High Cost Of Care For Cancer In The USA Is Not Improving Survival Rates
According to a study published in JAMA Health Forum, despite spending twice as much on cancer care as the average high-income countries, the United States' cancer death rate is only slightly better than average.
It is commonly known that there is a high cost of care for cancer in the United States, and that patients in the United States enjoy earlier access to innovative cancer therapies.
However, whether that investment has resulted in fewer cancer deaths is unknown, according to senior author Cary Gross, MD, professor of medicine and founder and head of Yale School of Medicine's Cancer Outcomes, Public Policy, and Effectiveness Research Center in New Haven, Connecticut.
According to the American Cancer Society, this is crucial because there have been many significant improvements in cancer treatment in the previous ten years, including a new type of immunotherapy that can modify a patient's T cells (a type of immune cell) to better fight cancer (ACS).
According to the Lown Institute, a nonpartisan think tank focused to improving America's healthcare system, innovative medicines can cost a lot of money - up to a million dollars per patient in some situations.
Although the chance of dying from cancer has decreased since its high in 1991, the American Cancer Society reports that it is still the second leading cause of death in the United States, after heart disease.
Cancer will be diagnosed in 1.9 million individuals in 2022, and 609,360 people will die from it.
According to the Centers for Disease Control and Prevention, lung cancer is the top cause of cancer death in the United States, followed by colon and rectum cancer, pancreatic cancer, breast cancer, prostate cancer, liver cancer, and intrahepatic bile duct cancer (CDC).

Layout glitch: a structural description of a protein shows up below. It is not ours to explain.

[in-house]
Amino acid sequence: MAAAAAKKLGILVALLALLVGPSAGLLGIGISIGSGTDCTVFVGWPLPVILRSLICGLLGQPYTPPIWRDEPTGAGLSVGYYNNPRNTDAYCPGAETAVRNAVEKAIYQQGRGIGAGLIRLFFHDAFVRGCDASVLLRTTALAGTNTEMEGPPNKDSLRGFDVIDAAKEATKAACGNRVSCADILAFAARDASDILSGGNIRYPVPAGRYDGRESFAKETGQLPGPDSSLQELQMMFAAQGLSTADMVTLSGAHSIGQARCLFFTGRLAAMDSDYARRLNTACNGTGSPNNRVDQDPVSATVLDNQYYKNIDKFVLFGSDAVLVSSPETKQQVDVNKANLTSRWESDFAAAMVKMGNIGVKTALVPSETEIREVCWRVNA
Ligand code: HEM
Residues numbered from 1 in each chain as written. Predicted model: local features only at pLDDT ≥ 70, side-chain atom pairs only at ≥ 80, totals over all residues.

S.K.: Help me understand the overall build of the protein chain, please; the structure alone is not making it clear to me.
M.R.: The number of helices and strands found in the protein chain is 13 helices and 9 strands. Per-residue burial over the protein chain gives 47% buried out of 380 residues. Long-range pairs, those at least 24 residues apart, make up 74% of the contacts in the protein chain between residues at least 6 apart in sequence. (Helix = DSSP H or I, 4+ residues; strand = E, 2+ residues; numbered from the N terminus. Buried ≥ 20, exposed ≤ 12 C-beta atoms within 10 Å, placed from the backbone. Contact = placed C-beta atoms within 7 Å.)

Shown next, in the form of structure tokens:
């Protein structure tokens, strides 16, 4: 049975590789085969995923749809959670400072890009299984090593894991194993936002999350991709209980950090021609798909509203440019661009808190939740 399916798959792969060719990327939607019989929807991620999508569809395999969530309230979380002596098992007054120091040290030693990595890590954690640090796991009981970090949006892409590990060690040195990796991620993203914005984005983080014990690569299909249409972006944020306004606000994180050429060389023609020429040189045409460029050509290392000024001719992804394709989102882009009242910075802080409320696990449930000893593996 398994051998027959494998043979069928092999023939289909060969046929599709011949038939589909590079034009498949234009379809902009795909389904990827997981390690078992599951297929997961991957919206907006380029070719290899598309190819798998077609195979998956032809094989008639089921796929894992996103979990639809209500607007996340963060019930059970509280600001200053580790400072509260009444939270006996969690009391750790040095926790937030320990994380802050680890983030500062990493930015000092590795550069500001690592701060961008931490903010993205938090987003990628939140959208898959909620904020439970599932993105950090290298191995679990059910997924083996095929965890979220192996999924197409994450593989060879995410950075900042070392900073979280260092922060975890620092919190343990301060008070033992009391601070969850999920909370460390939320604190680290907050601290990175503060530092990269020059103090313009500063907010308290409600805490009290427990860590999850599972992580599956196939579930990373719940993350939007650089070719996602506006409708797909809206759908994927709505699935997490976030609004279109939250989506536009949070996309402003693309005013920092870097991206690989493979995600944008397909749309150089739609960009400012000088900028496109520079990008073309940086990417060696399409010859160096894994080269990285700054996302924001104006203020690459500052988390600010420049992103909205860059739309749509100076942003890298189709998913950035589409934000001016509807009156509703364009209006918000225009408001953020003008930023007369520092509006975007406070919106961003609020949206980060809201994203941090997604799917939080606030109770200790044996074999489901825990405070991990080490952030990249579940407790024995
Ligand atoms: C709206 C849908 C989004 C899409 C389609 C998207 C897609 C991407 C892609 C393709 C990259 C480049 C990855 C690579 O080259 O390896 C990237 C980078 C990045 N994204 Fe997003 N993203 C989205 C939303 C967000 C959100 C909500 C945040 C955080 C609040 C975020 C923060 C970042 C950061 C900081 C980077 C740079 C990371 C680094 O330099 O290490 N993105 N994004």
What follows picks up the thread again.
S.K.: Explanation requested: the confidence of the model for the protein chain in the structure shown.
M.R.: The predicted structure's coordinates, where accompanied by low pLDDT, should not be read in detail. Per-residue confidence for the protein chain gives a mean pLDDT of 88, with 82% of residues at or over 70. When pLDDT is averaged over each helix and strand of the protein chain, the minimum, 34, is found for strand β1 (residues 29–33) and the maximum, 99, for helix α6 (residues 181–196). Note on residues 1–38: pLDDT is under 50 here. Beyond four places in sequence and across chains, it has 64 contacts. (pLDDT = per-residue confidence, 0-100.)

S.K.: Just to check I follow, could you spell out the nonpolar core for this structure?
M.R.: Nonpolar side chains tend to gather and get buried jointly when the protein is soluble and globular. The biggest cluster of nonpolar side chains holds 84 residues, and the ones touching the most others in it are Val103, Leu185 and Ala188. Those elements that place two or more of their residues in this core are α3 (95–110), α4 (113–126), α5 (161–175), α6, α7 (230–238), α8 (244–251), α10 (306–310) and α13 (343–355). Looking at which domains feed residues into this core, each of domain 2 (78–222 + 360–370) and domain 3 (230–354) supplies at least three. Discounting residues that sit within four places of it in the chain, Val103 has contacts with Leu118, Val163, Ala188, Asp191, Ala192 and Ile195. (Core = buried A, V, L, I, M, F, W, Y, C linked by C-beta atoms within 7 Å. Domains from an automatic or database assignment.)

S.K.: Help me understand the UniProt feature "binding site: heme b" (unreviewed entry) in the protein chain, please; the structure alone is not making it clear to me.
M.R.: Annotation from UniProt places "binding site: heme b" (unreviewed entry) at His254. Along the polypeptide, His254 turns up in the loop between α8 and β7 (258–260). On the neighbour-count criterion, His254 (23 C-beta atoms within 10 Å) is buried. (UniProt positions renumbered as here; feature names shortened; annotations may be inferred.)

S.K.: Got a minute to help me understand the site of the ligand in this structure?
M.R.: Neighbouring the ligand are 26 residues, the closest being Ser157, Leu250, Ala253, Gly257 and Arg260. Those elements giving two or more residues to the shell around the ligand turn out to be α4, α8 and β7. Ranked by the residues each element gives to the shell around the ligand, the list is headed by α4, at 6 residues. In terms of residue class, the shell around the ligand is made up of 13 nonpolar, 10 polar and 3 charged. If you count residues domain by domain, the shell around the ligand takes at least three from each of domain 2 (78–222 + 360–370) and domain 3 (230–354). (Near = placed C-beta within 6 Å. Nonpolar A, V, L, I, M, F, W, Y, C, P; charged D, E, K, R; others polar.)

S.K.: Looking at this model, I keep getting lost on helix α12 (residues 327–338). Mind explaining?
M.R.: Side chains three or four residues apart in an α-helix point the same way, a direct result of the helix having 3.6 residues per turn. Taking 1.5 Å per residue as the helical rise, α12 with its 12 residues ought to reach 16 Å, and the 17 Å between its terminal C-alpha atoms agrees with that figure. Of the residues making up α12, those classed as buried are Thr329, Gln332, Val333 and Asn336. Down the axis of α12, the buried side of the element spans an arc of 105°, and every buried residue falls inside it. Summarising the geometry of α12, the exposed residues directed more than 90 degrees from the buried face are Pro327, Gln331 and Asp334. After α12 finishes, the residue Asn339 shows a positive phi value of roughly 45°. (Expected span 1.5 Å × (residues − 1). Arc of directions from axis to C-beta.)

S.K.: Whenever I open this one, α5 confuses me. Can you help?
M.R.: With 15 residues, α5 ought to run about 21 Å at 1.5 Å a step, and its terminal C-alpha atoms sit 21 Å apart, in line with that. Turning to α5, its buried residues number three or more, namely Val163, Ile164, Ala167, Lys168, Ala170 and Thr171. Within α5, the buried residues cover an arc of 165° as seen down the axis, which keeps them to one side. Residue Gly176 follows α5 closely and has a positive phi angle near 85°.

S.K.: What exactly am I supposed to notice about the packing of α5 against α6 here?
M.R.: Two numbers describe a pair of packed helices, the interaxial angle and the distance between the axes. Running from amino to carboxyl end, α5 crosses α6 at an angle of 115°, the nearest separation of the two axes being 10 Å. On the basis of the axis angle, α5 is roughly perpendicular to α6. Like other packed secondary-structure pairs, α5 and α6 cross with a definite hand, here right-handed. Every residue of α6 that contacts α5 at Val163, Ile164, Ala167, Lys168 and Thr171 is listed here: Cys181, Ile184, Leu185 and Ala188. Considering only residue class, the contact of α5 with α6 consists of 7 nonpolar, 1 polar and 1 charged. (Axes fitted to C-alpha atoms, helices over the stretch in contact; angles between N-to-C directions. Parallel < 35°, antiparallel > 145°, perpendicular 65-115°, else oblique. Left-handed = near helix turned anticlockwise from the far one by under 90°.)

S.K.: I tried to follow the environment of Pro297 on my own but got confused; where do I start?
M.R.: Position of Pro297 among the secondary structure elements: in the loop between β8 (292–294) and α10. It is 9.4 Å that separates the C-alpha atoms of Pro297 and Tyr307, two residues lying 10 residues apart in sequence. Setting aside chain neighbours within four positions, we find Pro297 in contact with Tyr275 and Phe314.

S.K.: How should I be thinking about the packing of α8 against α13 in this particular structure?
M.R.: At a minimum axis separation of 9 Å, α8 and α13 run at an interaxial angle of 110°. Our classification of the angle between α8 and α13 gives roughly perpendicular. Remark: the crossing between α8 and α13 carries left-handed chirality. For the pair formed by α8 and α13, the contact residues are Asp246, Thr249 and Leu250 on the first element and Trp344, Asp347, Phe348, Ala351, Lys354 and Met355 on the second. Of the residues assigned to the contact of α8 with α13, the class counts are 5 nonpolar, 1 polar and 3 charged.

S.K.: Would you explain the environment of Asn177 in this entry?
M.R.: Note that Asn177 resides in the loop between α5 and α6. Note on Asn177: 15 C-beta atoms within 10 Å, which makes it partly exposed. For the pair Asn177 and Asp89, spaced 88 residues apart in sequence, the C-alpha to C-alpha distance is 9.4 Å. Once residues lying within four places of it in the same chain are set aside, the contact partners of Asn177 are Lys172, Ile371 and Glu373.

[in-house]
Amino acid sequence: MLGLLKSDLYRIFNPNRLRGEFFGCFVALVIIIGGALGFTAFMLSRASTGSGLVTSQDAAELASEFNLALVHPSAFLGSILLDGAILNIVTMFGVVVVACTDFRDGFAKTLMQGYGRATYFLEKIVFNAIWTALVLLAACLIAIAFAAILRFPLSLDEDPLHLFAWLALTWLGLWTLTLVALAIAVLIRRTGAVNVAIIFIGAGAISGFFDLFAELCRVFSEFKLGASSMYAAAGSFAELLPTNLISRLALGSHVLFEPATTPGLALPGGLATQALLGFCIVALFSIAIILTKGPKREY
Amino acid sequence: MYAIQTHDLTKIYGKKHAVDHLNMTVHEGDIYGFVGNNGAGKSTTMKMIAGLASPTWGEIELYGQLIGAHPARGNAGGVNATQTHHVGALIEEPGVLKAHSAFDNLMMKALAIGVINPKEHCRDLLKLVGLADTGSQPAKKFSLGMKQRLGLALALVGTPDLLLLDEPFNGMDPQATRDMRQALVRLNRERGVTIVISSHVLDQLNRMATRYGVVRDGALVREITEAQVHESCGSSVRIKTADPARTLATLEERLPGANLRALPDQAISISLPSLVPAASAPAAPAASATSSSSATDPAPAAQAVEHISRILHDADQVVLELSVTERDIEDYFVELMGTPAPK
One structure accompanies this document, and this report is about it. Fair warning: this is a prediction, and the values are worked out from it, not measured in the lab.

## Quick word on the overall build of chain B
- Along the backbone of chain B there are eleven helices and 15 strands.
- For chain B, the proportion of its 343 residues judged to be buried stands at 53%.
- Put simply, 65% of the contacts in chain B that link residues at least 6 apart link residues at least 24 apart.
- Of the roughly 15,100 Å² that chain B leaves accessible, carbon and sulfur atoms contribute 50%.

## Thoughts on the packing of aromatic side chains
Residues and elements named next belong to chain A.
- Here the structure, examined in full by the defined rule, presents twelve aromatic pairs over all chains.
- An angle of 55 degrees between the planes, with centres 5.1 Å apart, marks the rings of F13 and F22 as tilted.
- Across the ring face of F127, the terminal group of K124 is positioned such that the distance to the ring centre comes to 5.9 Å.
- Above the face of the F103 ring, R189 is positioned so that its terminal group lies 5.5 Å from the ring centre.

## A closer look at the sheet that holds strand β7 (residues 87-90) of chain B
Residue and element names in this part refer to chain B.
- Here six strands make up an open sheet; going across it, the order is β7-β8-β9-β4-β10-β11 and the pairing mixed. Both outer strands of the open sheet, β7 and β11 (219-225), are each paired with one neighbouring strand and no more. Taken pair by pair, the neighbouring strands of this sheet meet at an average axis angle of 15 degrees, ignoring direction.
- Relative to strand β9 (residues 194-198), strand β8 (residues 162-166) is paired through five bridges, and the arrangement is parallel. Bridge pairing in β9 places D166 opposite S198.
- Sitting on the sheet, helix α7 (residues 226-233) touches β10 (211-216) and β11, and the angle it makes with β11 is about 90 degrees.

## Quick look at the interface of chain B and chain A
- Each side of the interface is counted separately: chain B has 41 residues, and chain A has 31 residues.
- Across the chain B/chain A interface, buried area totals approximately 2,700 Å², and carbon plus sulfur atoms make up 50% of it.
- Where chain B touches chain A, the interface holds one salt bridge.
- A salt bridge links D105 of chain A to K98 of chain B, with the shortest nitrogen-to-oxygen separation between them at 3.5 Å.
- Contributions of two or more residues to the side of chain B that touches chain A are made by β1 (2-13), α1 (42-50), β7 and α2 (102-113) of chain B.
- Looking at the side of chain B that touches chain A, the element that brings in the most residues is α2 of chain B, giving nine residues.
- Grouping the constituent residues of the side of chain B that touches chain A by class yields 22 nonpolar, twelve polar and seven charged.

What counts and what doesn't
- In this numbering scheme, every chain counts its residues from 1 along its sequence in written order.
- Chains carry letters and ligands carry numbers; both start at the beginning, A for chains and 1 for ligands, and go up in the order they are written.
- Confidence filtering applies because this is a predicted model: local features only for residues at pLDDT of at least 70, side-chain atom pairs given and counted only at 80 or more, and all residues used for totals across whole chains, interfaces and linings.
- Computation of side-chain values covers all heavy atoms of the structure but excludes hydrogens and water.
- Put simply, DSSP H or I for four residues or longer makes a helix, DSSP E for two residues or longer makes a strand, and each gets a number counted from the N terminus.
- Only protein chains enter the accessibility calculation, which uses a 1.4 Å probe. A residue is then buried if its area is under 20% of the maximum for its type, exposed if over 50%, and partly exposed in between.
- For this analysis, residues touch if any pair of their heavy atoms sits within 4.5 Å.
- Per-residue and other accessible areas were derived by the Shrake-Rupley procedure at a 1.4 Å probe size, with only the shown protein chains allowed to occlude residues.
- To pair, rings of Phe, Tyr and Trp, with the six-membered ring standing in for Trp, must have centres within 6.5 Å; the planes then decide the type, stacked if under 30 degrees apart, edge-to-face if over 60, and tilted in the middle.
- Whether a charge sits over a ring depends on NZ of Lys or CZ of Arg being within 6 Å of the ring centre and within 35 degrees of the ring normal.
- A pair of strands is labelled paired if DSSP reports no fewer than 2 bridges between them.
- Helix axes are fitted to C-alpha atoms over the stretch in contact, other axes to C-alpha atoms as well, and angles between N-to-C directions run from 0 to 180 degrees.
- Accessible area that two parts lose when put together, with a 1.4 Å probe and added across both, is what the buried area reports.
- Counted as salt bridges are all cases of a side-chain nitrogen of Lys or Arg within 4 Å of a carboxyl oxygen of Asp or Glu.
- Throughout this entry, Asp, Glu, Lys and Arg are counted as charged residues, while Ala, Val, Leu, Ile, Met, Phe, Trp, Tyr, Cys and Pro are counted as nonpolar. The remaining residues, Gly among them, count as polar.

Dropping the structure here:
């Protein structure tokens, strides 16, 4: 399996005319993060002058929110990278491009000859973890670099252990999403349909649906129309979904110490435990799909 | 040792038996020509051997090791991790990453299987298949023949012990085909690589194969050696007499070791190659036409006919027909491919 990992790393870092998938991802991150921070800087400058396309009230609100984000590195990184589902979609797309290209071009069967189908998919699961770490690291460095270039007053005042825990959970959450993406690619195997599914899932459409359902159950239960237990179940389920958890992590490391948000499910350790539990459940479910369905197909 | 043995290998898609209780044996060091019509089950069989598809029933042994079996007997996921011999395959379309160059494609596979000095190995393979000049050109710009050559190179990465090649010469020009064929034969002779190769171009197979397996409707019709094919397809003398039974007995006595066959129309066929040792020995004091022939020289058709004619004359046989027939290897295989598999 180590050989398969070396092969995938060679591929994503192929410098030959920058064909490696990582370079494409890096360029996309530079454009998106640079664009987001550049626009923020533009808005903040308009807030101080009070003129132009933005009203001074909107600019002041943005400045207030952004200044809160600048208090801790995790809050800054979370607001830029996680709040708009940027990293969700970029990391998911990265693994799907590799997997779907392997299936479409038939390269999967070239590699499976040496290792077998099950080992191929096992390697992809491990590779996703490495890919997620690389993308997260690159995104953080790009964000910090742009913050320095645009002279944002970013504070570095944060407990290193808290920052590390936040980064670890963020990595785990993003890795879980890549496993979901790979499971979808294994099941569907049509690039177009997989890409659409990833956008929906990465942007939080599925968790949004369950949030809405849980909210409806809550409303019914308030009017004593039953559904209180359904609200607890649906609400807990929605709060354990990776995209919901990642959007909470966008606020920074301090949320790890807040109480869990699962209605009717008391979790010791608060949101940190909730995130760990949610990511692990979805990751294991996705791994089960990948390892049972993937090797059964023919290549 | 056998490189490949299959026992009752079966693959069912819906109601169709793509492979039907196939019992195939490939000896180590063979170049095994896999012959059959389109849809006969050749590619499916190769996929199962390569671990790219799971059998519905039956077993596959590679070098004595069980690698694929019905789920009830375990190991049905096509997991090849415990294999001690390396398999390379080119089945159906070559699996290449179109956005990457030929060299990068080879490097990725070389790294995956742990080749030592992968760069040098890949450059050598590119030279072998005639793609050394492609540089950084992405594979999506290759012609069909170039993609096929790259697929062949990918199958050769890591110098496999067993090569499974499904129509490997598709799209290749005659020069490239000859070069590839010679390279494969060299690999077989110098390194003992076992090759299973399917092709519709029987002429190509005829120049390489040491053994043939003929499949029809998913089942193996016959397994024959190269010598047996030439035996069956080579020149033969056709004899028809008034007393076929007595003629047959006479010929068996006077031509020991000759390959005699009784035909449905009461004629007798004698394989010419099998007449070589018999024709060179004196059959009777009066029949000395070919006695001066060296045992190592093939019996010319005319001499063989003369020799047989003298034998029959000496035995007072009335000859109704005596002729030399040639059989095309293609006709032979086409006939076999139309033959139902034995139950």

Walter White, the iconic television character, had to become a meth cook to pay for his lung cancer treatments, but Yale University researchers believe he would have been better off moving to another nation.
According to their research, the high expense of cancer therapy in the United States does not always imply a better probability of surviving the disease.
The United States spends twice as much on cancer care as the average high-income country. Despite the high cost, cancer death rates in the United States are only slightly better than the global average.
In a university announcement, lead study author Ryan Chow, an M.D./Ph.D. student at Yale, states, "There is a general assumption that the United States offers the most sophisticated cancer care in the world."
"Our system is praised for generating innovative therapies faster than other countries and getting them to patients." We wanted to see if the United States' large investment in cancer care is linked to better cancer outcomes."
This project, which included 22 high-income countries, was co-authored by Yale and Vassar College researchers. The United States had the greatest spending rate of any of the countries.